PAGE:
Frogs Species Discovered Living in Elephant Dung

Sure it's stinky, but a frog has got to live somewhere! Ahimsa Campos-Arceiz, a research fellow from the National University of Singapore discovered 3 species of frogs living in elephant dung in Sri Lanka:

Campos-Arceiz examined 290 elephant dung piles and found six frog individuals in five dung piles, representing three species: the ornate narrow-mouthed frog Microhyla ornata, another narrow-mouthed species Microhyla rubra, and a frog species in the Sphaerotheca genus.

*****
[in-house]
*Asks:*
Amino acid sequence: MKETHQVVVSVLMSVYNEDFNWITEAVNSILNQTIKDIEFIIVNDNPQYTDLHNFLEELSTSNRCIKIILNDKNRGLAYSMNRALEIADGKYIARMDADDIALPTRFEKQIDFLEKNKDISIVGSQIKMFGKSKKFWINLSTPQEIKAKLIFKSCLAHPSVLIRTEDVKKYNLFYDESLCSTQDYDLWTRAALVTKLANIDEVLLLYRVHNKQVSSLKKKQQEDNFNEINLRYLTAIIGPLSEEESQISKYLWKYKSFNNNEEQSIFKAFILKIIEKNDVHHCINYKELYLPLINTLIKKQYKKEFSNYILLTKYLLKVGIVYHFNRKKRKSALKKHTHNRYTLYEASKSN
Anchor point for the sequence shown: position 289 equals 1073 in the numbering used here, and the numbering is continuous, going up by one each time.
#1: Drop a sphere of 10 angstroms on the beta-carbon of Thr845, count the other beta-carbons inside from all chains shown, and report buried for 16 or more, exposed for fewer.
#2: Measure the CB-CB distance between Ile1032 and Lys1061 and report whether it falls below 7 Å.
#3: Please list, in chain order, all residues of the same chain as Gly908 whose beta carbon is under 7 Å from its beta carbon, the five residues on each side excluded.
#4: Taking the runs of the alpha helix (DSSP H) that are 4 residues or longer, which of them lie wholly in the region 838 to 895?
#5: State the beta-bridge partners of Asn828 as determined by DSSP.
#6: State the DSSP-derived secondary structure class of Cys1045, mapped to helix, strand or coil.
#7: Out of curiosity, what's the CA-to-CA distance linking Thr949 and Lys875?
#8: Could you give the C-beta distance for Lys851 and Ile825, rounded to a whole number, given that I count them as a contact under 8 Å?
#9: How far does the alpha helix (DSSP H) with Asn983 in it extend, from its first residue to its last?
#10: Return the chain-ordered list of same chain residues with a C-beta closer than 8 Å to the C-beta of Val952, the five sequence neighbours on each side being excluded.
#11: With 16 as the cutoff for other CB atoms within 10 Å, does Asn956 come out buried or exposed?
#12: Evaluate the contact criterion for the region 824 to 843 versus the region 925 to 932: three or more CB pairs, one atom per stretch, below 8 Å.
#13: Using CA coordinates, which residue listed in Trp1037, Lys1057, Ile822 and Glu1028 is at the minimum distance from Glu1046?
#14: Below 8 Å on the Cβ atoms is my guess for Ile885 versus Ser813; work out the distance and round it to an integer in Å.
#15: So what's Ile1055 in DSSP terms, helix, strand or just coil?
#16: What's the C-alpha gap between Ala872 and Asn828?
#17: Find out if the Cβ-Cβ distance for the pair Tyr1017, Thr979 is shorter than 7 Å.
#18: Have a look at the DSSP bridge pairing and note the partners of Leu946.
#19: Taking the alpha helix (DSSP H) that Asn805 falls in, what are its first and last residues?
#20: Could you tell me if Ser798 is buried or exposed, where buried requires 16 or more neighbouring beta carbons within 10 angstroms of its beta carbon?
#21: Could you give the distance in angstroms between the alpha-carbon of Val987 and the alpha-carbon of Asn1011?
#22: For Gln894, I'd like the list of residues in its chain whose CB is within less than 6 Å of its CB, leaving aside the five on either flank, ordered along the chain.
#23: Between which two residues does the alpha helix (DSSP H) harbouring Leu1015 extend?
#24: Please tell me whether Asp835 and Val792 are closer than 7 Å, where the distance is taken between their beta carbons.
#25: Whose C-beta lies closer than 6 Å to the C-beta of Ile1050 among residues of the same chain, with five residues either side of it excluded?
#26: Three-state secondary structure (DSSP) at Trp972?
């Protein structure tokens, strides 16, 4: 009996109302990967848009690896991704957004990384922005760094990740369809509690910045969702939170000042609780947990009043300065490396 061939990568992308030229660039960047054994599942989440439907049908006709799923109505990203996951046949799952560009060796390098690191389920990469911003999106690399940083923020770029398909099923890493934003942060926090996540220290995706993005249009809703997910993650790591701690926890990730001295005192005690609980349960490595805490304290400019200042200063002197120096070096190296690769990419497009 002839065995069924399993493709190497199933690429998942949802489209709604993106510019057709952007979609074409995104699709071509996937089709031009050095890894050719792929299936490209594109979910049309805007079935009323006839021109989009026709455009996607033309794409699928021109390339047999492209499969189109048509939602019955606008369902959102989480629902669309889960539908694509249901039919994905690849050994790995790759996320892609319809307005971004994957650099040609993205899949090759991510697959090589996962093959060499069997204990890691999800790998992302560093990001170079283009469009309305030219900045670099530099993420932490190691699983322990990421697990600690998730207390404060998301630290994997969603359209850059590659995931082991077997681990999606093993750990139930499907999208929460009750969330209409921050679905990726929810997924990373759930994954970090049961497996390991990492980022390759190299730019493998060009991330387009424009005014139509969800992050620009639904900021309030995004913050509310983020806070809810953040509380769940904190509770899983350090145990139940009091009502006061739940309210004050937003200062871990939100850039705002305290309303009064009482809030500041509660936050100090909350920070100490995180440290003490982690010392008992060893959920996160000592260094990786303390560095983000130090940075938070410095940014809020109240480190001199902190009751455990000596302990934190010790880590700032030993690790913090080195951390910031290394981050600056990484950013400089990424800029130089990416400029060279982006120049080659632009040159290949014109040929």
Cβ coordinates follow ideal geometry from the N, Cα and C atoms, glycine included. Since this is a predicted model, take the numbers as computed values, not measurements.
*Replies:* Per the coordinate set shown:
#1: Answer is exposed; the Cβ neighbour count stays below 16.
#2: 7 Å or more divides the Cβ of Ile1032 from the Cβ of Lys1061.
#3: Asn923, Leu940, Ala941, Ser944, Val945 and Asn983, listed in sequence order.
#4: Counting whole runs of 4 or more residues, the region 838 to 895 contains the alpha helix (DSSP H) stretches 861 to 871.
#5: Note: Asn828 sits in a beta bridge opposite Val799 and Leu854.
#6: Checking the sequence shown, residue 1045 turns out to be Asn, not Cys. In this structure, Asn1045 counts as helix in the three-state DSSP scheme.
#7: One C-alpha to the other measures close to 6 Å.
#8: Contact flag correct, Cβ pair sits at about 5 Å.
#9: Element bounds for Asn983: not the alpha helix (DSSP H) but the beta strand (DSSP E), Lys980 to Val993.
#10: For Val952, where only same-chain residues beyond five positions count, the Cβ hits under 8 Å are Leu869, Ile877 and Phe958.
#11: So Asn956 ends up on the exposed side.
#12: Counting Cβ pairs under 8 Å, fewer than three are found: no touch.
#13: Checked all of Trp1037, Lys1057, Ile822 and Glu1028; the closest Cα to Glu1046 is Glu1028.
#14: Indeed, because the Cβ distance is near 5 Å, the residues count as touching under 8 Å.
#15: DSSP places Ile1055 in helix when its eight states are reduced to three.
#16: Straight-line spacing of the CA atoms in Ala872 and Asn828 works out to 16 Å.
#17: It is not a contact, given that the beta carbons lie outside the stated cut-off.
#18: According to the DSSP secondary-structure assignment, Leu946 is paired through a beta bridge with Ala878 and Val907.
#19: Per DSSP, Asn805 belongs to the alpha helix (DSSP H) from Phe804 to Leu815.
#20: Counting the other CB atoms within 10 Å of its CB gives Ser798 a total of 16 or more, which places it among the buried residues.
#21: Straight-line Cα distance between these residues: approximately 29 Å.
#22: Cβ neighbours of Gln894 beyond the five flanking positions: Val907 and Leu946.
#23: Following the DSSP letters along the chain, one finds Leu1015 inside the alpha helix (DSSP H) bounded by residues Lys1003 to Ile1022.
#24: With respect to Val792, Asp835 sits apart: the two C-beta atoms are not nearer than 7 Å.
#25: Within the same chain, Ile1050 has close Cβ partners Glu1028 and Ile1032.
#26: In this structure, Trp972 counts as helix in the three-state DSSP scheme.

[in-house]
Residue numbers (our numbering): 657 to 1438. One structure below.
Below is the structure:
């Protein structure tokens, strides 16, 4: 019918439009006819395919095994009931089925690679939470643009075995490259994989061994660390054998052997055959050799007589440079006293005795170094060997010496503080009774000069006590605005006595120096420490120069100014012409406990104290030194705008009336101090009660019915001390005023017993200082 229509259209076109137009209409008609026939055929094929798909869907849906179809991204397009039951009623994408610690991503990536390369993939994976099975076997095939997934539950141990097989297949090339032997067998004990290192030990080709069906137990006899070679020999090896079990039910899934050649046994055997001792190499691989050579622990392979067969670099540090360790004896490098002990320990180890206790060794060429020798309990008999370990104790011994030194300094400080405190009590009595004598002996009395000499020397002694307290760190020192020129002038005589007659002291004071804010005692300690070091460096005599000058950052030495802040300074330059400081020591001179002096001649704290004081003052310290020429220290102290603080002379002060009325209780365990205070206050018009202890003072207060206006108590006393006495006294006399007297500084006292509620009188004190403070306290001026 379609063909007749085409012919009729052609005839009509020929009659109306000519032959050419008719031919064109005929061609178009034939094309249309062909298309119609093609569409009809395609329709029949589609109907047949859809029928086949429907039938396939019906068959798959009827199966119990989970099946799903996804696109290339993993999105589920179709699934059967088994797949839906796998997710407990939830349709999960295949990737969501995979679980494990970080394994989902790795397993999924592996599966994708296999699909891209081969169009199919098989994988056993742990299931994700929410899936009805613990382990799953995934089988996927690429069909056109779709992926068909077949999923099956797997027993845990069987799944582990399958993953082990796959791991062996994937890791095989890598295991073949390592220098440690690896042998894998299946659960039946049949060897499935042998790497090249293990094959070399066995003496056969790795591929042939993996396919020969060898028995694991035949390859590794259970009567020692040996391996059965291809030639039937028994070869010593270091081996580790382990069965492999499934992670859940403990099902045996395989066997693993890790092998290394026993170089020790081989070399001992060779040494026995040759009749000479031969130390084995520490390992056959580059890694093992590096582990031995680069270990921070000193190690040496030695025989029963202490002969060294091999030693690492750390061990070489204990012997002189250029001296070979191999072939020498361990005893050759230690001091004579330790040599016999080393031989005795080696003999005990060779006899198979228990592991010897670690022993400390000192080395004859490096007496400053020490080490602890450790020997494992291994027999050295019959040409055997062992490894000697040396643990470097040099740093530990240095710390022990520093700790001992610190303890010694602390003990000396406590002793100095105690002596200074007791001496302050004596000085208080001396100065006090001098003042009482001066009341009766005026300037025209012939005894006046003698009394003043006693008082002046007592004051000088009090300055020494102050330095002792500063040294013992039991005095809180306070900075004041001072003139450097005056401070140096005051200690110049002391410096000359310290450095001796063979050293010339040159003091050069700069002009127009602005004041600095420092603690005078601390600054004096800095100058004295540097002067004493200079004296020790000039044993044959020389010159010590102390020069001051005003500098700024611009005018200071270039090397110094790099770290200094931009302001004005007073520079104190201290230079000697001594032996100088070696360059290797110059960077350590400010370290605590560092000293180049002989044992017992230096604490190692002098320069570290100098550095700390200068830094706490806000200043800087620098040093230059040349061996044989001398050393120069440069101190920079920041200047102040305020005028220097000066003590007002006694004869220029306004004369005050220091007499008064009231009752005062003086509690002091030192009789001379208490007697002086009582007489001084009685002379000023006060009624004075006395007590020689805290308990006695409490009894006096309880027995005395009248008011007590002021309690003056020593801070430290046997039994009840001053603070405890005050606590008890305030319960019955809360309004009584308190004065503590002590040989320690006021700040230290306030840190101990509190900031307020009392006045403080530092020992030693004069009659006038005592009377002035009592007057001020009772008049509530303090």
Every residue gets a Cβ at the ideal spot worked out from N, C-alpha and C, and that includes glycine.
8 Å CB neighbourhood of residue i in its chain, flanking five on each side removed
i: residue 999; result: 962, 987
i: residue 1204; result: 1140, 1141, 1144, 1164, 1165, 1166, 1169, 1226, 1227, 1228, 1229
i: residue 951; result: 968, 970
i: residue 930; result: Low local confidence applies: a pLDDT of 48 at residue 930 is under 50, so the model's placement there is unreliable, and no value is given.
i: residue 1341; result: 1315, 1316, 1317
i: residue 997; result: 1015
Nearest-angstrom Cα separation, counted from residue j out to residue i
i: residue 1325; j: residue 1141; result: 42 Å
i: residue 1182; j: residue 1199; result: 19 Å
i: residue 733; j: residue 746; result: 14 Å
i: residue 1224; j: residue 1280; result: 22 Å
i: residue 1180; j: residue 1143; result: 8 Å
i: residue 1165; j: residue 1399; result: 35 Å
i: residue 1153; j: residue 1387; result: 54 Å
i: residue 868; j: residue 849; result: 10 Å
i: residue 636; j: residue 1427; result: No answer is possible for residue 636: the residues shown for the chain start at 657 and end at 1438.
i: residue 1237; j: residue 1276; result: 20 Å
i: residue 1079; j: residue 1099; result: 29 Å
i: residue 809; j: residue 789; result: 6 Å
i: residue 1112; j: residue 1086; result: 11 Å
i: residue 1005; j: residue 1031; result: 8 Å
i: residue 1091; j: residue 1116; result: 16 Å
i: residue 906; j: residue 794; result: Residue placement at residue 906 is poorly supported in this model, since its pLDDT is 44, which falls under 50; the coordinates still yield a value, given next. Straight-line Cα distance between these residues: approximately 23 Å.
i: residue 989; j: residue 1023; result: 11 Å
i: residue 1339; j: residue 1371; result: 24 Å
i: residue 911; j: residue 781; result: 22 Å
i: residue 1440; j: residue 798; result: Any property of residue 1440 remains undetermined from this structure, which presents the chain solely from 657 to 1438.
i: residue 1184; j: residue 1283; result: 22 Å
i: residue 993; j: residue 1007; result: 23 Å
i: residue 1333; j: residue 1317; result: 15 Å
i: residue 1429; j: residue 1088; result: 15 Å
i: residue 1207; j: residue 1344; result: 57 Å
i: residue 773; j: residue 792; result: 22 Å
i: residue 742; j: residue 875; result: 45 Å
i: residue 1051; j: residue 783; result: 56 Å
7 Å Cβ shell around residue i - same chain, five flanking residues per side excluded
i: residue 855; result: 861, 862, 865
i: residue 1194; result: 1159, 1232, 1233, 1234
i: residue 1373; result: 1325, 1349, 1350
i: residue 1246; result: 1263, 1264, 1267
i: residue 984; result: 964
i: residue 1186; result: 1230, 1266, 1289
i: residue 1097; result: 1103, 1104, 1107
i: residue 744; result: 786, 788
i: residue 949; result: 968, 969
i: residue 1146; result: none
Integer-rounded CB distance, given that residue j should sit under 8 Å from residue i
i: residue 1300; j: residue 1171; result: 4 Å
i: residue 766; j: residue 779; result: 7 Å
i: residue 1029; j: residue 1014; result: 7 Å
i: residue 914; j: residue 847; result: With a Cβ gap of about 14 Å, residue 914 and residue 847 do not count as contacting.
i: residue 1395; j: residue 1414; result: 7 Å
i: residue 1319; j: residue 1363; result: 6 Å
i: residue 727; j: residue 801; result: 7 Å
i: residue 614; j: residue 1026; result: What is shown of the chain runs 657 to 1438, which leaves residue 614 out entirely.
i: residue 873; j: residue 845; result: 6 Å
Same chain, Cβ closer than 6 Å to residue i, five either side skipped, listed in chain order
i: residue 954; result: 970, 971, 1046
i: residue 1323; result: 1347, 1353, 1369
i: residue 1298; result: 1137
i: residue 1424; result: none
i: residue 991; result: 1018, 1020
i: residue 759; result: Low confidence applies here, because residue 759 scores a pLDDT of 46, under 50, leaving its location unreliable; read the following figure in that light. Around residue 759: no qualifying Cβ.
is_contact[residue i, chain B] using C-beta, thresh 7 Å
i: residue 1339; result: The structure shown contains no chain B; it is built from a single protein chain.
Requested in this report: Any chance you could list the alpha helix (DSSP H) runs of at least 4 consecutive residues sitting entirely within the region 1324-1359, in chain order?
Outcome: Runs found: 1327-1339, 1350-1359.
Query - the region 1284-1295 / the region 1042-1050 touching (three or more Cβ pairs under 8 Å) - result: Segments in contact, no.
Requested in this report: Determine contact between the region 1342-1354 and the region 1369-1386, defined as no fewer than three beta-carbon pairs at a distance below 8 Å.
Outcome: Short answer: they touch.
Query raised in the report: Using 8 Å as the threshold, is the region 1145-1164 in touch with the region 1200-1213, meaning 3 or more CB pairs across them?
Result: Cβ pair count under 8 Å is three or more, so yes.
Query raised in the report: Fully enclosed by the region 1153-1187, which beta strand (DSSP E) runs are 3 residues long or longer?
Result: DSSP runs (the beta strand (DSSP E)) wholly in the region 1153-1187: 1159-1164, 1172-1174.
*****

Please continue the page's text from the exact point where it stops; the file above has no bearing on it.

While Campos-Arceiz is uncertain why the frogs were residing in the elephant dung, he speculates that "elephant dung provides a good shelter. I found the frogs in an arid area during the dry season. Under such conditions and in the absence of litter, elephant dung is probably a good alternative to spend the day in. Elephants digest food very poorly. Their feces contain a large proportion of undigested material and are highly fibrous. When fresh, elephant dung is humid and probably cooler than the environment during the day. Moreover, frogs could eat some of the many invertebrates present in elephant dung."


From the Upcoming ueue, submitted by dradell.

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